Fall concerts at the Kowloon
The Kowloon Restaurant, located at 948 Broadway, Route 1 North, Saugus, continues its outdoor concert series with a post-hurricane lineup, including:
Earl On Earth, whom critics call, “An indie rock artist band,” playing live on September 29.
Different Strokez: hailed “A powerhouse group in the Boston music scene,” live on September 30.
Doors open at 6 p.m. and the shows start at 7:00 p.m. Tickets for reserved seating are $10 and general admission is free. For tickets, call the Kowloon Restaurant at 781-233-0077 or access online: www.kowloonrestaurant.com
It’s been years since Saugus has had a Chamber of Commerce promoting its economic, cultural and historic assets in town. To fill part of the void, Selectman Corinne Riley spearheaded “Saugus 4-1-1” last October. It was such a success that Riley and others involved with the event are planning the Second Annual Saugus 4-1-1 for Saturday, Oct. 14, from 9 a.m. to noon at the Saugus Middle-High School Complex at 1 Pearce Memorial Dr. The event is tailored for new residents as well as established Saugonians.
“Take in everything there is to find out about our town,” declares a postcard-sized promotion that circulated Saugus Center. “Learn about non-profit, youth sports and clubs you or your family may be interested in, town information, Senior Center, Library Groups, Houses of Worship, School District information.”
Tours of the complex will be available. The Lion’s Club will have its eyemobile there. For further information or questions, please email Saugus411@gmail.com
Saugus Cultural Council Seeking Funding Proposals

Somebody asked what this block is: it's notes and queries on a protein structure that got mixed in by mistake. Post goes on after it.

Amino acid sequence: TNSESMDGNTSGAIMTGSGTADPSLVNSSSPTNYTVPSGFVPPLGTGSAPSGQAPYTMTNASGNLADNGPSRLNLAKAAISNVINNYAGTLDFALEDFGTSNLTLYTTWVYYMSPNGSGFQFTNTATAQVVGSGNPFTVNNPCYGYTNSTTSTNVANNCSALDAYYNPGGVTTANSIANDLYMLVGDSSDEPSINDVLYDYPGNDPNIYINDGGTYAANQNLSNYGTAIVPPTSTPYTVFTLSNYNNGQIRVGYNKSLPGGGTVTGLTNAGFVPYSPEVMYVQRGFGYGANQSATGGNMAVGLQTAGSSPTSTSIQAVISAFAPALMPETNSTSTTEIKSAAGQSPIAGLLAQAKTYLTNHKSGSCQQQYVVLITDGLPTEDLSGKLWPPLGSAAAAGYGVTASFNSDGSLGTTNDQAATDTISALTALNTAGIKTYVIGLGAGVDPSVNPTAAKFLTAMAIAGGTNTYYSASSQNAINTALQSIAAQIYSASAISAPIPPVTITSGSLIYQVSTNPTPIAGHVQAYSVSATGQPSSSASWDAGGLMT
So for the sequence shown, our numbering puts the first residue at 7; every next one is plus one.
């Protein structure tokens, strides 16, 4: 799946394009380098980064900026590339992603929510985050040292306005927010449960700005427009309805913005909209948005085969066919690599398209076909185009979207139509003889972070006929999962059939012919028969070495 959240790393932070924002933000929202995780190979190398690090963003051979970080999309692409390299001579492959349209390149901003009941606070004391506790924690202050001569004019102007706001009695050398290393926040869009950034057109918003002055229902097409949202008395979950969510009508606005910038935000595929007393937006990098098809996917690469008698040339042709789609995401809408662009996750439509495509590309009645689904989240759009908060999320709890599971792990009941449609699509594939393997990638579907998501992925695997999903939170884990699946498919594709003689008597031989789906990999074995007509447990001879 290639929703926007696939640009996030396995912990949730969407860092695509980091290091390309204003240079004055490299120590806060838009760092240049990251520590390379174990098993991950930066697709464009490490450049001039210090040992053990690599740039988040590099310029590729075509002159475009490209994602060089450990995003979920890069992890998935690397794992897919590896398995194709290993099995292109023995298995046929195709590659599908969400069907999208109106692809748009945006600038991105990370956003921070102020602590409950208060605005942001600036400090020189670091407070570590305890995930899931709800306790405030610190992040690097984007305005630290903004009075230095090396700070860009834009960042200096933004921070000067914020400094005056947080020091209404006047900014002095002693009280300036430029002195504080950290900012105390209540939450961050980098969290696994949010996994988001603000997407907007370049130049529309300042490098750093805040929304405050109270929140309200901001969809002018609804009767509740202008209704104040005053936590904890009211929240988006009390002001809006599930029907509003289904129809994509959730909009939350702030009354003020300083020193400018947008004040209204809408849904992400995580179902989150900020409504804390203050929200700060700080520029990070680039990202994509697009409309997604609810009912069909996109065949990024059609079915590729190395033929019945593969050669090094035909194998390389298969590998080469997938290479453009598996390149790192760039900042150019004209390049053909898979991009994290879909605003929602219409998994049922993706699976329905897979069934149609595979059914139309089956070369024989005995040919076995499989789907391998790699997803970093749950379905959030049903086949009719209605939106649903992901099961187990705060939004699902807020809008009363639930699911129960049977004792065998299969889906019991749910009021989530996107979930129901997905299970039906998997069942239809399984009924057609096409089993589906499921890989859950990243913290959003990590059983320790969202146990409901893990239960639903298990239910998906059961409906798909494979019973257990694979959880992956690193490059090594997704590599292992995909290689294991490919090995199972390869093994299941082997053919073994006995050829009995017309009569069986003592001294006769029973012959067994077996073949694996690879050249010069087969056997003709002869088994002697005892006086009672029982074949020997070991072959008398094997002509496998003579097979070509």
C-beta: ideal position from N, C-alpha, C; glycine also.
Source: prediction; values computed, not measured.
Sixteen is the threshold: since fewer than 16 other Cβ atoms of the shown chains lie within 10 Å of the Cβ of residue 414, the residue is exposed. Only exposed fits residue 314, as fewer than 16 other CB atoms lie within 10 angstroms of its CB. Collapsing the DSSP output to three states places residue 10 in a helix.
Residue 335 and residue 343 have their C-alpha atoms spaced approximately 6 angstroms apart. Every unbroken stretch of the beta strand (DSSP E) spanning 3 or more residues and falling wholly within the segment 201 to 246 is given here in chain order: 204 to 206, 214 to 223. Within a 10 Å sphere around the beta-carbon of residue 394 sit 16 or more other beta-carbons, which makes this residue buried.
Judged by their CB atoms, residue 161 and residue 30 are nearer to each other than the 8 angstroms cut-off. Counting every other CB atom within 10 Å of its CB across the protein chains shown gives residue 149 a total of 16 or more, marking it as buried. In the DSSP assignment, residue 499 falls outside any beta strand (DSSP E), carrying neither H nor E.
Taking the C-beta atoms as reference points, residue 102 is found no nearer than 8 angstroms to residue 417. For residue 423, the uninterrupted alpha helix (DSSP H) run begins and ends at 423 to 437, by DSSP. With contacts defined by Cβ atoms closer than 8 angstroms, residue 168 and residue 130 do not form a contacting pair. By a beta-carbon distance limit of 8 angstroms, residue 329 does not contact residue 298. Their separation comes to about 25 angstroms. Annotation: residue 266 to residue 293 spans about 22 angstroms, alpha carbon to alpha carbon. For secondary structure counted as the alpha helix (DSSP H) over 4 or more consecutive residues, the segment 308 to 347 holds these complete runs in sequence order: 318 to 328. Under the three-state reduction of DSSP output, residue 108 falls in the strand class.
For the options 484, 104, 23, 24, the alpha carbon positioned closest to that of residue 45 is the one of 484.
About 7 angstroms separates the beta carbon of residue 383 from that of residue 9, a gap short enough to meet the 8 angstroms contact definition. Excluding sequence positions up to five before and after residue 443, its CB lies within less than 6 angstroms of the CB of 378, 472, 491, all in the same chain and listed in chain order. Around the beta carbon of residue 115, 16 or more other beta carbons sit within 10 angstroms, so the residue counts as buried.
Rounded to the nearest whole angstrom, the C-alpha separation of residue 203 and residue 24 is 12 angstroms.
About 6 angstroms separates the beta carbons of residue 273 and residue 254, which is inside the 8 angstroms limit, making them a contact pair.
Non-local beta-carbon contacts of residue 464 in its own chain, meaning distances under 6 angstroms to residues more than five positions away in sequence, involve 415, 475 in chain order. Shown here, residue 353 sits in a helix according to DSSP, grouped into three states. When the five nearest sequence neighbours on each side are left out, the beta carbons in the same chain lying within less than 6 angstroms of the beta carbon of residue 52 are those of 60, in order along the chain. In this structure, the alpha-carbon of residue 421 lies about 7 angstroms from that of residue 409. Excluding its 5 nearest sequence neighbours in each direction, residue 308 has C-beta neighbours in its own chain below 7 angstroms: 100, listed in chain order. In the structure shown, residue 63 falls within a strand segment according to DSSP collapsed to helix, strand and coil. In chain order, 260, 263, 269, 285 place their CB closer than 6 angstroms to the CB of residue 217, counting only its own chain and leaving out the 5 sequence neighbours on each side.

Educational, artistic and community-engagement project organizers in Saugus and neighboring residents are encouraged to apply for a part of the $14,900 funding the Saugus Cultural Council has received from the Mass Cultural Council, a state agency, to award in a local cultural council (LCC) grant. The deadline to submit an application for an LCC grant is October 17. These grants can support a variety of activities in Saugus, including exhibits, classes, festivals, field trips, short-term artist residencies, performances in schools, workshops and lectures. Previously funded Saugus Cultural Council projects include Saugus Concerts at the Iron Works, classical music concerts at the Saugus Public Library, school field trips to the Boston Tea Party Museum and North Shore Music Theater, passes for the Museum of Science, various workshops for children, adults and seniors, and numerous other activities and performances throughout the region.
Applicants are encouraged to refer to the Mass Cultural Council Website to learn more about the MCC LCC Program Guidelines and view the Saugus Cultural Council’s priorities at https://massculturalcouncil.org/local-council/saugus/. Contact the Saugus Cultural Council at firstname.lastname@example.org for more information or questions before submitting.
Upcoming Fall events at Breakheart
The state Department of Conservation & Recreation has released the following listing of events at Breakheart Reservation this fall.
Breakheart Fall Fest special event: Saturday, Sept. 30, 10 a.m.-2 p.m. Come celebrate with us at this one-of-a-kind fall festival at Breakheart Reservation! This free event will include lawn games, a petting zoo, storytellers, music and family-oriented activities! At the Visitor’s Center (177 Forest St., Saugus).